comments

Community must rethink Lincoln

-A +A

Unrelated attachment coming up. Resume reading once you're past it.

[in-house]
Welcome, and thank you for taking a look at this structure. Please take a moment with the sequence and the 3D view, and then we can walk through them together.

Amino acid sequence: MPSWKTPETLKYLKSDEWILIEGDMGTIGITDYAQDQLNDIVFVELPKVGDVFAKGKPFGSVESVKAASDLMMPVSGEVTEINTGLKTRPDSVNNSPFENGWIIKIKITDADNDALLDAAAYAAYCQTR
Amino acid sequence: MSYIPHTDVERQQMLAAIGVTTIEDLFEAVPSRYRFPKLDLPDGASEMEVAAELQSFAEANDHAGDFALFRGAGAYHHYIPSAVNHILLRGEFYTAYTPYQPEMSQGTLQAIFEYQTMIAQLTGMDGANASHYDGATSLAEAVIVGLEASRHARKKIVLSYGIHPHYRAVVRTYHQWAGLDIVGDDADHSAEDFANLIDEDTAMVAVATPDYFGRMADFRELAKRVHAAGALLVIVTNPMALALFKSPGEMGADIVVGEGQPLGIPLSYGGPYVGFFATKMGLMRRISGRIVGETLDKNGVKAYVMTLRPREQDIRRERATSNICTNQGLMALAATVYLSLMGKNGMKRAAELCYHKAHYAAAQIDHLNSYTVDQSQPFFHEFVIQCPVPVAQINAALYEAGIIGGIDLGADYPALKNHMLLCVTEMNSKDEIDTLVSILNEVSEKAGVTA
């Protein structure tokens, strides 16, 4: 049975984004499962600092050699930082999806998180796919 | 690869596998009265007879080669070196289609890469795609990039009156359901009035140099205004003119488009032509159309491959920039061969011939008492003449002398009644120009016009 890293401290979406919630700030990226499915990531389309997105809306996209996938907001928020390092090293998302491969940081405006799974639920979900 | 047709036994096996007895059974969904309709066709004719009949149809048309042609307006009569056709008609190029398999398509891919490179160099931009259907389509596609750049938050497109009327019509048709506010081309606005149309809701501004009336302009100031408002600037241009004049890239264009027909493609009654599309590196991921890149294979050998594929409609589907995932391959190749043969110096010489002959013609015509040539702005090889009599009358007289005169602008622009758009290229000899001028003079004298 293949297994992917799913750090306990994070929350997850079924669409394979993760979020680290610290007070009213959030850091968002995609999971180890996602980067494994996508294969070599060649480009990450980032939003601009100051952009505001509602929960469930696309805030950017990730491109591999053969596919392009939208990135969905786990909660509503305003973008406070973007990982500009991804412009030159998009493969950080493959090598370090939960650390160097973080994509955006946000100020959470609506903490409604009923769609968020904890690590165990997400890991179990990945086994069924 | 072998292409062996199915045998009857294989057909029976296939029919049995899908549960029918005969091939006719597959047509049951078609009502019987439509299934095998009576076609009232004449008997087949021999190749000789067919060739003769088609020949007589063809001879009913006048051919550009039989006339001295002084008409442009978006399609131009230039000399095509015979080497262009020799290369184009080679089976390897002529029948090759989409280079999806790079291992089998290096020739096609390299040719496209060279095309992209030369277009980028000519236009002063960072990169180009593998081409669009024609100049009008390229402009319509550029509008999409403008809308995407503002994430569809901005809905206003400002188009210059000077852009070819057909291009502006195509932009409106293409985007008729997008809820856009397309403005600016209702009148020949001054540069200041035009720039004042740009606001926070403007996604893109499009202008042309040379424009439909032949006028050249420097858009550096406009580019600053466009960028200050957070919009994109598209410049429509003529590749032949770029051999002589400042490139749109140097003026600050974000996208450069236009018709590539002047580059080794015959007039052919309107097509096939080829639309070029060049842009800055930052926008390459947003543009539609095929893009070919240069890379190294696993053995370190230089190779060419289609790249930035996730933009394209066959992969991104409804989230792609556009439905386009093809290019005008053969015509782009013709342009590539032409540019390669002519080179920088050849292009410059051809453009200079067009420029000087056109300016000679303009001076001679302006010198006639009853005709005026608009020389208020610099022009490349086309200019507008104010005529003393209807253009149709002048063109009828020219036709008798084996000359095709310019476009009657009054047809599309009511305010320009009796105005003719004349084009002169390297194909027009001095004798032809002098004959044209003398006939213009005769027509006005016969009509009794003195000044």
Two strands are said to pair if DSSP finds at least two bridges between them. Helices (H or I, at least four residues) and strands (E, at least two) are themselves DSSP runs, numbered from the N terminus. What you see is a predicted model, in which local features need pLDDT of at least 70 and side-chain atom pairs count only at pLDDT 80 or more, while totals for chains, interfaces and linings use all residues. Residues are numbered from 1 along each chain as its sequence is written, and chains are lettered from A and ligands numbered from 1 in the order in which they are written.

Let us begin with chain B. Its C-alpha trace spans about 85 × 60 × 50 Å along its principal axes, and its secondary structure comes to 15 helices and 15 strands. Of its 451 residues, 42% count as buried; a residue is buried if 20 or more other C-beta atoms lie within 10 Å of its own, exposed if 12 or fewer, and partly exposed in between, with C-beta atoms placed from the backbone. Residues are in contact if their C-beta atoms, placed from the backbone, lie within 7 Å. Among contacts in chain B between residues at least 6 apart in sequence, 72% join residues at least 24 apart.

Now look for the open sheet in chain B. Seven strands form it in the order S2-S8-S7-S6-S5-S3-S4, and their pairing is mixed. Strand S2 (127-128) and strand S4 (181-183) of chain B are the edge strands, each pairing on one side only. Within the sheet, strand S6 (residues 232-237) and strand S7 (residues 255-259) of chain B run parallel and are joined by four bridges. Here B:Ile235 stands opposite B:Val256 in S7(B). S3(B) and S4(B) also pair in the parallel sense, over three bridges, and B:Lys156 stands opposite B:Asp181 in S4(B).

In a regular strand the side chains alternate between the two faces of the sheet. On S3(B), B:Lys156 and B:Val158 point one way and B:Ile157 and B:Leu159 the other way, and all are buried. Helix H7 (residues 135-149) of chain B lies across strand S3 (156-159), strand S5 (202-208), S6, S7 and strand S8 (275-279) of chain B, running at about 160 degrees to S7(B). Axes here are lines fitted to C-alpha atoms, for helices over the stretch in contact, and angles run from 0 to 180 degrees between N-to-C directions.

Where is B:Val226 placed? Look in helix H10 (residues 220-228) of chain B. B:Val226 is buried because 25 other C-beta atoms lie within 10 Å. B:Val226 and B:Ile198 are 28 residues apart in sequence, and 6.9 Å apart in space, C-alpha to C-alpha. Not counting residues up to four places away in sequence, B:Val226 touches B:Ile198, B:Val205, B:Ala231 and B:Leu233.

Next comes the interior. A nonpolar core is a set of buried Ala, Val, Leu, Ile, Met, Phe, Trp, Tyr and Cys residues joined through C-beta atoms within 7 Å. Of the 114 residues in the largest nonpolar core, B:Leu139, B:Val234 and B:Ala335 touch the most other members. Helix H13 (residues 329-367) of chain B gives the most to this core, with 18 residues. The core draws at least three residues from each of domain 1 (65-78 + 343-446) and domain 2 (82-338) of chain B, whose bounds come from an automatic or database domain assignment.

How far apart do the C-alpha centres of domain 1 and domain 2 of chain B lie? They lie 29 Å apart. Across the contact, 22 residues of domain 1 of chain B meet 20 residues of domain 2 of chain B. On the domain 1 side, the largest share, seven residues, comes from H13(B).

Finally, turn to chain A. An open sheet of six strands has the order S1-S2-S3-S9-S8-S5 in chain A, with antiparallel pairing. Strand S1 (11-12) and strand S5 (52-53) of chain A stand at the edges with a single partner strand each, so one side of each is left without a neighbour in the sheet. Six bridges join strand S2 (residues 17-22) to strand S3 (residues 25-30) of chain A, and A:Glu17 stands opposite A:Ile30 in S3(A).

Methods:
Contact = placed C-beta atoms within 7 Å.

People fail to understand the city made commitments based upon actual and projected growth and these carried forward after the economic collapse. Revenue streams from sales and property taxes declined and development funds were committed to provide the service required to accommodate the growth that was occurring. The recall is more distraction and furthers the fantasy of a painless solution. No one likes the position we are in. Blamestorming prevents people from dealing with the true solutions. We, as a community, must rethink the way we do Lincoln. Less government direct involvement and more oversight of citizenry direct involvement is perhaps one way. The Friends of the Library and COPS programs are examples. Until just over a decade ago, our fire protection was largely volunteer. Yes, we had a quarter the populace as well. But the idea is still sound. We have an uncommonly huge resource in the talents and experiences of our citizens, due to the concentration of life experience in Lincoln Hills. While this may not solve the revenue problem, it certainly may provide alternate solutions- at substantially lower costs- for how things get done here. By looking to all things other than physically arduous public safety roles, perhaps labor costs can be further reduced. Use of technology for communications with this larger body of participants may also free up some physical space the city now uses. I know this does not sit well with the bargaining groups that have already conceded much. However, it may be the new reality. Those contracts will likely be abrogated by the courts if other solutions are found to the structural deficits the city is running. What you and your fellow elected officials must decide is what Lincoln looks like in the next five years. Are we a bitter, bickering shell? A reminder of the great recession? Or are we a community who is more engaged, more involved, and more collaborative and creative in solutions. Hmmmm, sounds like a requirement for All-American City. Mike Hobson, Lincoln